With plenty of great spring skiing left, thanks to the unusually cold winter and plenty of snow in the mountains, this ought to be the year that you really take advantage of the sweetest season of all, with long days, warm sun and soft corn.

And here’s a tip from someone who relishes March and April, a time when I take the opportunity to visit some areas that I haven’t had a chance to, or just avoided because of the frigid winter weather: Put Big Squaw in Greenville on your must-visit list.

Having spent one of the best days of the season recently at the rejuvenated Piscataquis County mecca, I can promise you that you’ll be in for both a surprise and a treat.

If your memories, like mine, go back to the halcyon days when Big Squaw operated under a variety of ownerships and management, both public and private, and then you sadly watched its ultimate demise several years ago, you might find it hard to believe that there’s a rebirth and energy there that will remind you of what fun the place used to be.

A day spent there will confirm that you don’t need a couple thousand feet of vertical to enjoy skiing or boarding to its fullest. It comes down to hospitality, ambiance, variety, views, comfortable uphill transportation and careful grooming … not to mention very reasonable pricing.

And the new Big Squaw has all of those in spades.


With plans to operate on natural snow until it runs out, the dedicated group of local volunteers, with a paid staff of about a dozen employees, is clear evidence that if committed citizens feel strongly enough about providing winter recreation for their neighbors, young and old alike, virtually anything is possible.

Back in 2012 The Friends of Squaw Mountain, a soon-to-be recognized 501C3 nonprofit corporation, was formed for the purpose of reviving a portion of the dormant ski area that hadn’t operated for several years as the result of an unfortunate lift accident on the aging chair to the summit that had been installed in 1967, as well as associated financial difficulties.

A little history: Squaw Mountain opened in December 1963 with a T-bar climbing about 600 vertical feet, a warming hut and four trails. The next year, a second beginner T-bar was installed to service a teaching area. Three years later a new double chair ascending a full 1,700 vertical feet nearly to the mountain’s summit was put in use, making Big Squaw Maine’s second-largest ski area after Sugarloaf.

Twenty years later, a triple chair replaced the original T-bar on the lower part of the mountain, after which five different groups, including Scott Paper Co. and the state of Maine, kept the place going until it was sold to the current owner in 1995. He operated it for 15 years until its closure.

Enter The Friends of Squaw Mountain and a rebirth. They have spiffed up the original base lodge, put the triple chair in A-1 operating condition and, thanks to longtime mountain man and dedicated volunteer Rodney Folsom, daily trail conditioning is conducted with a state-of-the-art Prinoth groomer.

When you visit, and you really should, you’ll be reminded that even from the top of the triple you can enjoy the breathtaking Moosehead vista with Kineo and the Spencers beyond. If you’re there on a day like the one I enjoyed recently, the glistening and impressive white mass of Katahdin to the north will look almost close enough to touch.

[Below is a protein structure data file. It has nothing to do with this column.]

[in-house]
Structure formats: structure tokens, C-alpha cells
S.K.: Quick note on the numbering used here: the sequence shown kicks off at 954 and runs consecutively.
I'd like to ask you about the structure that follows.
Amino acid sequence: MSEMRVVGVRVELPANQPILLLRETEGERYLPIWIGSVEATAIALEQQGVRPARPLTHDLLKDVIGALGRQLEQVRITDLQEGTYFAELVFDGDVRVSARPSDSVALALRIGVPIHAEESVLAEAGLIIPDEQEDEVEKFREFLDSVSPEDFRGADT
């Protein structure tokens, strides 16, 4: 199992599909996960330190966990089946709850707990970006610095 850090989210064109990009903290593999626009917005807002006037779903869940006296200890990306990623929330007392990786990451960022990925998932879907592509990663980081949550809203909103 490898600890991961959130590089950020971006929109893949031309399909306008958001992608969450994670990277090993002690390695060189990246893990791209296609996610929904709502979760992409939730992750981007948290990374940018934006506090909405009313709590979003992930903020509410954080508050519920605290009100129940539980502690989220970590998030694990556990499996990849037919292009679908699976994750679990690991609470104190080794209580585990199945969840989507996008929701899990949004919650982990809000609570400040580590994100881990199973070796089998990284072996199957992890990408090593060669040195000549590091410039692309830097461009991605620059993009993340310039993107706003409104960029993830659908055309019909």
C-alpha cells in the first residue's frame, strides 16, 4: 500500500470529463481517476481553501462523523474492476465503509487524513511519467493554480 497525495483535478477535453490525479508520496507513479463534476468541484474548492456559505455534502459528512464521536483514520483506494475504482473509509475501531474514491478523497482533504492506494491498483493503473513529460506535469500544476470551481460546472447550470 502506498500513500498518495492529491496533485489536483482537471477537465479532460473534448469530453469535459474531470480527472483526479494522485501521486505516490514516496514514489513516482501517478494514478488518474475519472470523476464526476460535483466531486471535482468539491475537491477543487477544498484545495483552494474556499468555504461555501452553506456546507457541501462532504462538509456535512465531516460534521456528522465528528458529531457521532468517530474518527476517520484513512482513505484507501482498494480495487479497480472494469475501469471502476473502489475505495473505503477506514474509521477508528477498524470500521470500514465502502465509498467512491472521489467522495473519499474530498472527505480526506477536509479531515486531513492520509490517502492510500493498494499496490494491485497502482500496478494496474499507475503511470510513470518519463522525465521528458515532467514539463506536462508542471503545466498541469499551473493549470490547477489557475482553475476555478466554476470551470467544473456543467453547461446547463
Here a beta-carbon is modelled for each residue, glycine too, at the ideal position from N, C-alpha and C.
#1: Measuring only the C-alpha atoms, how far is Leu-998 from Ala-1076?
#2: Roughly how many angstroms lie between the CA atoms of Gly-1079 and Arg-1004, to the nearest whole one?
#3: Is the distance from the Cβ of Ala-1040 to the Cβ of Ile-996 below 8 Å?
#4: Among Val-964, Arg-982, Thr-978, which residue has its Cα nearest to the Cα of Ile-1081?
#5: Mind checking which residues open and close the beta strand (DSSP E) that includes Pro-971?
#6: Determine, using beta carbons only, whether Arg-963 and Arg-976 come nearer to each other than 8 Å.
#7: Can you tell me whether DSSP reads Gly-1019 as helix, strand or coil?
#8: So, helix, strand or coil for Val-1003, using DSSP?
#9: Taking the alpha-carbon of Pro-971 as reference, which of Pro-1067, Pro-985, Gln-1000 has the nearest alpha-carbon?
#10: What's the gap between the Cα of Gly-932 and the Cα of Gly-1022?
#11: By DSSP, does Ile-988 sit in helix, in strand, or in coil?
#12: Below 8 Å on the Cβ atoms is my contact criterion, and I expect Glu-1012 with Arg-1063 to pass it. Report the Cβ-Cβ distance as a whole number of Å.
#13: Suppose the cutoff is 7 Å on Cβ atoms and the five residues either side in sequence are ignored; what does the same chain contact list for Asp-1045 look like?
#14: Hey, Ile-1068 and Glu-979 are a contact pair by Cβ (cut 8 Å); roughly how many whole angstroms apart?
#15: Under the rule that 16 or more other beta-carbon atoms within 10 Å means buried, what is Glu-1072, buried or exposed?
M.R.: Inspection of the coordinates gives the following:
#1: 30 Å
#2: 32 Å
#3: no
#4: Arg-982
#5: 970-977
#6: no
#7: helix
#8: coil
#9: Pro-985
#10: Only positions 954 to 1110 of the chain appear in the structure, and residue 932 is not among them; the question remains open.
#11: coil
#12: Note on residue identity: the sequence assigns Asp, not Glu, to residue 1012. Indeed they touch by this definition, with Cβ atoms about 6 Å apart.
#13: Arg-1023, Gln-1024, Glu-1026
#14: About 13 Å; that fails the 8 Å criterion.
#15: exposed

You’ll also find it hard to believe that although there’s just the one lift, and there’s only a tad more than 600 feet of vertical, there’s such a wide variety of accessible terrain, and tests for most any skill level, that it feels like a much bigger area. For example, the trail map lists about a dozen trails, with several different routes opening up from the unloading station. There’s even a short diamond, Exterminator, right under the top few hundred feet of the lift opening up to a nice cruiser to the base. St. John, a blue intermediate, wanders off to the skier’s right, and several more blues head down to the left, leading to a variety of novice options over in the vicinity of the now-abandoned base area hotel and lodge comprising the former area served by the closed double chair.

The area is open on afternoons Wednesday through Friday, and all day Saturday and Sunday. But you’d be wise to check its website or Facebook page (updated daily) “Friends of Squaw Mountain,” or call 207-895-2400 for a current report.

As a nonprofit, the facility depends on generous volunteers and sponsors. You can purchase a banner on one of the chairs for $500, demonstrating your personal, organization or business support, and strategically located advertising signs can be purchased for $2,500 each. I was impressed with the sheer number of supporters in evidence on my recent, and most enjoyable trip back in time to a genuine Maine treasure.

John Christie is a former ski racer and ski area manager and owner, a ski historian and member of the Maine Ski Hall of Fame. He and his son, Josh, write columns on alternating weeks. He can be reached at:


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